City leaders, community members host Juneteenth celebrations across central Ohio
Courtesy of WBNS 10TV
By Brandon Bounds
June 19, 2021
Juneteenth was celebrated across the nation, including central Ohio. Events were held to commemorate its history and educate the community.
COLUMBUS, Ohio — Around the nation, the Black community is celebrating Juneteenth.
It commemorates June 19, 1865, when Union soldiers brought the news of freedom to enslaved Black people in Galveston, Texas, two months after the Confederacy had surrendered. It was about 2 1/2 years after the Emancipation Proclamation freed slaves in Southern states.
President Joe Biden signed a bill on Thursday creating “Juneteenth National Independence Day.”
Events were held in Columbus and other cities in central Ohio, including Reynoldsburg and Bexley.
People gathered at Goodale Park to celebrate Juneteenth as a federal holiday, which was the theme of the annual Juneteenth Jubilee.
“Everybody’s staying together. That’s what’s up. It’s a great thing It’s good vibes,” said Mareeka Kasette, of Columbus.
“I want to bring us together and show us our resilience, our pride, our beauty, our creativity,” Kiara Yakita said. “I want people to see all of the things that are inherently good about Black people.”
Reynoldsburg held its second annual Juneteenth event at Huber Park, calling it a “celebration of resilience.”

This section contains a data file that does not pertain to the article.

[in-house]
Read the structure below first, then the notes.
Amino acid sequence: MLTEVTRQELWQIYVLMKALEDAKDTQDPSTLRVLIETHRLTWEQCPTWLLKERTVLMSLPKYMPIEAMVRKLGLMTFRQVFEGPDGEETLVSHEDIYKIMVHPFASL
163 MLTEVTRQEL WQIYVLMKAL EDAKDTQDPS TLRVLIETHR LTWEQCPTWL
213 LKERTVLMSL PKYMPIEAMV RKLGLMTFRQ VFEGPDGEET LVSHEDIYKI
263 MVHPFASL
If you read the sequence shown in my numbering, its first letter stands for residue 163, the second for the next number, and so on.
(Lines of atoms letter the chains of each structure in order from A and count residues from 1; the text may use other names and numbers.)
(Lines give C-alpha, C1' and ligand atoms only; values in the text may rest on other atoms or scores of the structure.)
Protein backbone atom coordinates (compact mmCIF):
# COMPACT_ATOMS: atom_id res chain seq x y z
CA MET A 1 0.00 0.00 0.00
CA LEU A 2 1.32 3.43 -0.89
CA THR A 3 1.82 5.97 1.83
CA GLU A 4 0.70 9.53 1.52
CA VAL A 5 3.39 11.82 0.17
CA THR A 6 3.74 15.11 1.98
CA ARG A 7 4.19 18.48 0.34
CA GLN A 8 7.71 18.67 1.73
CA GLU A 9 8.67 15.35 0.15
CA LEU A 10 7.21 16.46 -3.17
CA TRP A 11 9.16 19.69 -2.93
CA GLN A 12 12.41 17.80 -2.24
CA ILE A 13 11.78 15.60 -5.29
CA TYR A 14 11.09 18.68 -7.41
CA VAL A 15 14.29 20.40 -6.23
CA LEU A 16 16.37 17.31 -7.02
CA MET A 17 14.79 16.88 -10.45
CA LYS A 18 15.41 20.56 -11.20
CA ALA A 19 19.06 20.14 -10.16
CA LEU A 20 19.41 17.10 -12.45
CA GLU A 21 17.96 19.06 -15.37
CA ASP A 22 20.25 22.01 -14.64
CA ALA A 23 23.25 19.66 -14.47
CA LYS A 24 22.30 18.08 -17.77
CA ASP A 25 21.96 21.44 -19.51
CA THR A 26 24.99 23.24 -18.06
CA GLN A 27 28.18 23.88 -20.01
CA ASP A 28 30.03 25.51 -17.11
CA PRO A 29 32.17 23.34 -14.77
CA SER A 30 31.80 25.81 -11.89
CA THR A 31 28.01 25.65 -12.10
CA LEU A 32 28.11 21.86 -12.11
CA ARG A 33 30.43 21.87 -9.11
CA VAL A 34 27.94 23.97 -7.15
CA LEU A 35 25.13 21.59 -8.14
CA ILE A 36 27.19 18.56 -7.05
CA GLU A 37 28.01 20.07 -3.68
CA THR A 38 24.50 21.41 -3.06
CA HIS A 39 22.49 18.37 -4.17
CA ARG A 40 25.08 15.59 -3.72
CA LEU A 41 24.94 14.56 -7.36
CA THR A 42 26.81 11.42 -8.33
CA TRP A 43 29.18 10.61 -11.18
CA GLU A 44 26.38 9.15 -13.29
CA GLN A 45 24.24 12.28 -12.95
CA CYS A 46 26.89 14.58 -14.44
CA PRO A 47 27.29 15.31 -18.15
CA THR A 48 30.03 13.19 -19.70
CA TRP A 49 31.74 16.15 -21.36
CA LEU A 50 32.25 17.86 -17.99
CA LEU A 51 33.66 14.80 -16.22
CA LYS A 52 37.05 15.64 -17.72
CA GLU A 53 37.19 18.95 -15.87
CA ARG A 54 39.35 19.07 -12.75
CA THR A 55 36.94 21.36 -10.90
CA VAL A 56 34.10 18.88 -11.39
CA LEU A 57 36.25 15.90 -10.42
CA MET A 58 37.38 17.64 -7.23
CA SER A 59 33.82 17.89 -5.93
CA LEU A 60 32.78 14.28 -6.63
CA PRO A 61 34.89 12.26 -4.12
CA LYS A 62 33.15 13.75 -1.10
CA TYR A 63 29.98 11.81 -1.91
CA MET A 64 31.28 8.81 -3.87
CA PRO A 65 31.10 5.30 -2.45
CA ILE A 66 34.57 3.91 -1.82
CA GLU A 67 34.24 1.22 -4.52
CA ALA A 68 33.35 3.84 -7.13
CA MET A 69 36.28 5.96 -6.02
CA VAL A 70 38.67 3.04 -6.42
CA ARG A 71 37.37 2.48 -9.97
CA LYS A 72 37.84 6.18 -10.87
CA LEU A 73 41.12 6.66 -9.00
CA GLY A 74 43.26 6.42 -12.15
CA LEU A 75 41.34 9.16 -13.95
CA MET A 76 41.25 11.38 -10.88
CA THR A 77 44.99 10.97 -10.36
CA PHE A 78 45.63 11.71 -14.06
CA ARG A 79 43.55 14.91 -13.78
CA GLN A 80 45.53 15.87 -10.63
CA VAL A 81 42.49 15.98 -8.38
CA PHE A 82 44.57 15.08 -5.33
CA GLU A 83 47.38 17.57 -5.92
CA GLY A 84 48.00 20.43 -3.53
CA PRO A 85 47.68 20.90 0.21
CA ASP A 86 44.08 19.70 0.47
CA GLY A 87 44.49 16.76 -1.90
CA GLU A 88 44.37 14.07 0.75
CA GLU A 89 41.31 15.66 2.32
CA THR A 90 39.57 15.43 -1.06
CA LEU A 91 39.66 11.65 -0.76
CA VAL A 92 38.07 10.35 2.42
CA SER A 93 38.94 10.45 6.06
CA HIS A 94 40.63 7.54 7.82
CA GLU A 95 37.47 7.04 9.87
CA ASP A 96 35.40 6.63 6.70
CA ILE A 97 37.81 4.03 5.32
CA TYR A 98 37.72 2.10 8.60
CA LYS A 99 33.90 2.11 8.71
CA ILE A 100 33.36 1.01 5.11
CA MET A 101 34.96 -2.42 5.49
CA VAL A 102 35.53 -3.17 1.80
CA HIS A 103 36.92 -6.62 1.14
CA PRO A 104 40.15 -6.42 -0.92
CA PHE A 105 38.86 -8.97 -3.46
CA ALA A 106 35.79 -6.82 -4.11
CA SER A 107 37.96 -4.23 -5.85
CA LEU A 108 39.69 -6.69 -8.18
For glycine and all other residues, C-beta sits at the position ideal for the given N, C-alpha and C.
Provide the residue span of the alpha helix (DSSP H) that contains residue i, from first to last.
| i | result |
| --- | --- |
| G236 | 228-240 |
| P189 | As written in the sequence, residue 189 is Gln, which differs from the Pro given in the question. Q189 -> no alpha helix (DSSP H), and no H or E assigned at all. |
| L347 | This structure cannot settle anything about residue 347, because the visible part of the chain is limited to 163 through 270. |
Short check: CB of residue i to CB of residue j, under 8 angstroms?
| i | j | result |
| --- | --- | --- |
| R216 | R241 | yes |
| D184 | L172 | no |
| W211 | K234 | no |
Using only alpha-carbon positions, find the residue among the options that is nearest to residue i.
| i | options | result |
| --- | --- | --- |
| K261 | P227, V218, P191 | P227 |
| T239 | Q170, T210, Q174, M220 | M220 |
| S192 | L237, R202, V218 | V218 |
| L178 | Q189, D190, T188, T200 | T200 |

People were able to visit different food trucks and get a COVID-19 vaccine shot at the pop-up clinic.
City Mayor Joe Begeny and councilwoman Meredith Lawson-Rowe were excited to see people attending the event and celebrating.
“We’re all here to celebrate Juneteenth and to lift up our culture,” said Lawson-Rowe.
The Columbus Urban League and Central Ohio African American Chamber of Comme held their annual Fishing with Dad event along with A Taste of Juneteenth
Natasha Hall is a part of the Columbus Urban League and owns her own store. Hall says that it’s important to share the positive things happening in the Black community.
“I love anything positive that’s going on in the community because there’s definitely a lot of things that aren’t positive,” said Hall. “Anything that brings the community is something I love to be a part of.”
“Juneteenth, to me, means independence. It means I can do it. [Black people] had so many things against them and they didn’t stop. Juneteenth, to me, is don’t give up. We can do it”
At Capital University in Bexley, organizers of Bexley Minority Parent Alliance say they have spent months getting things ready for their event.
Manika Williams, who is a member of the organization, said her group is happy to celebrate the historic day.
“Today while we are celebrating, we also made sure we were intentional in educating our community on the importance of the emancipation of enslaved Americans,” she said.
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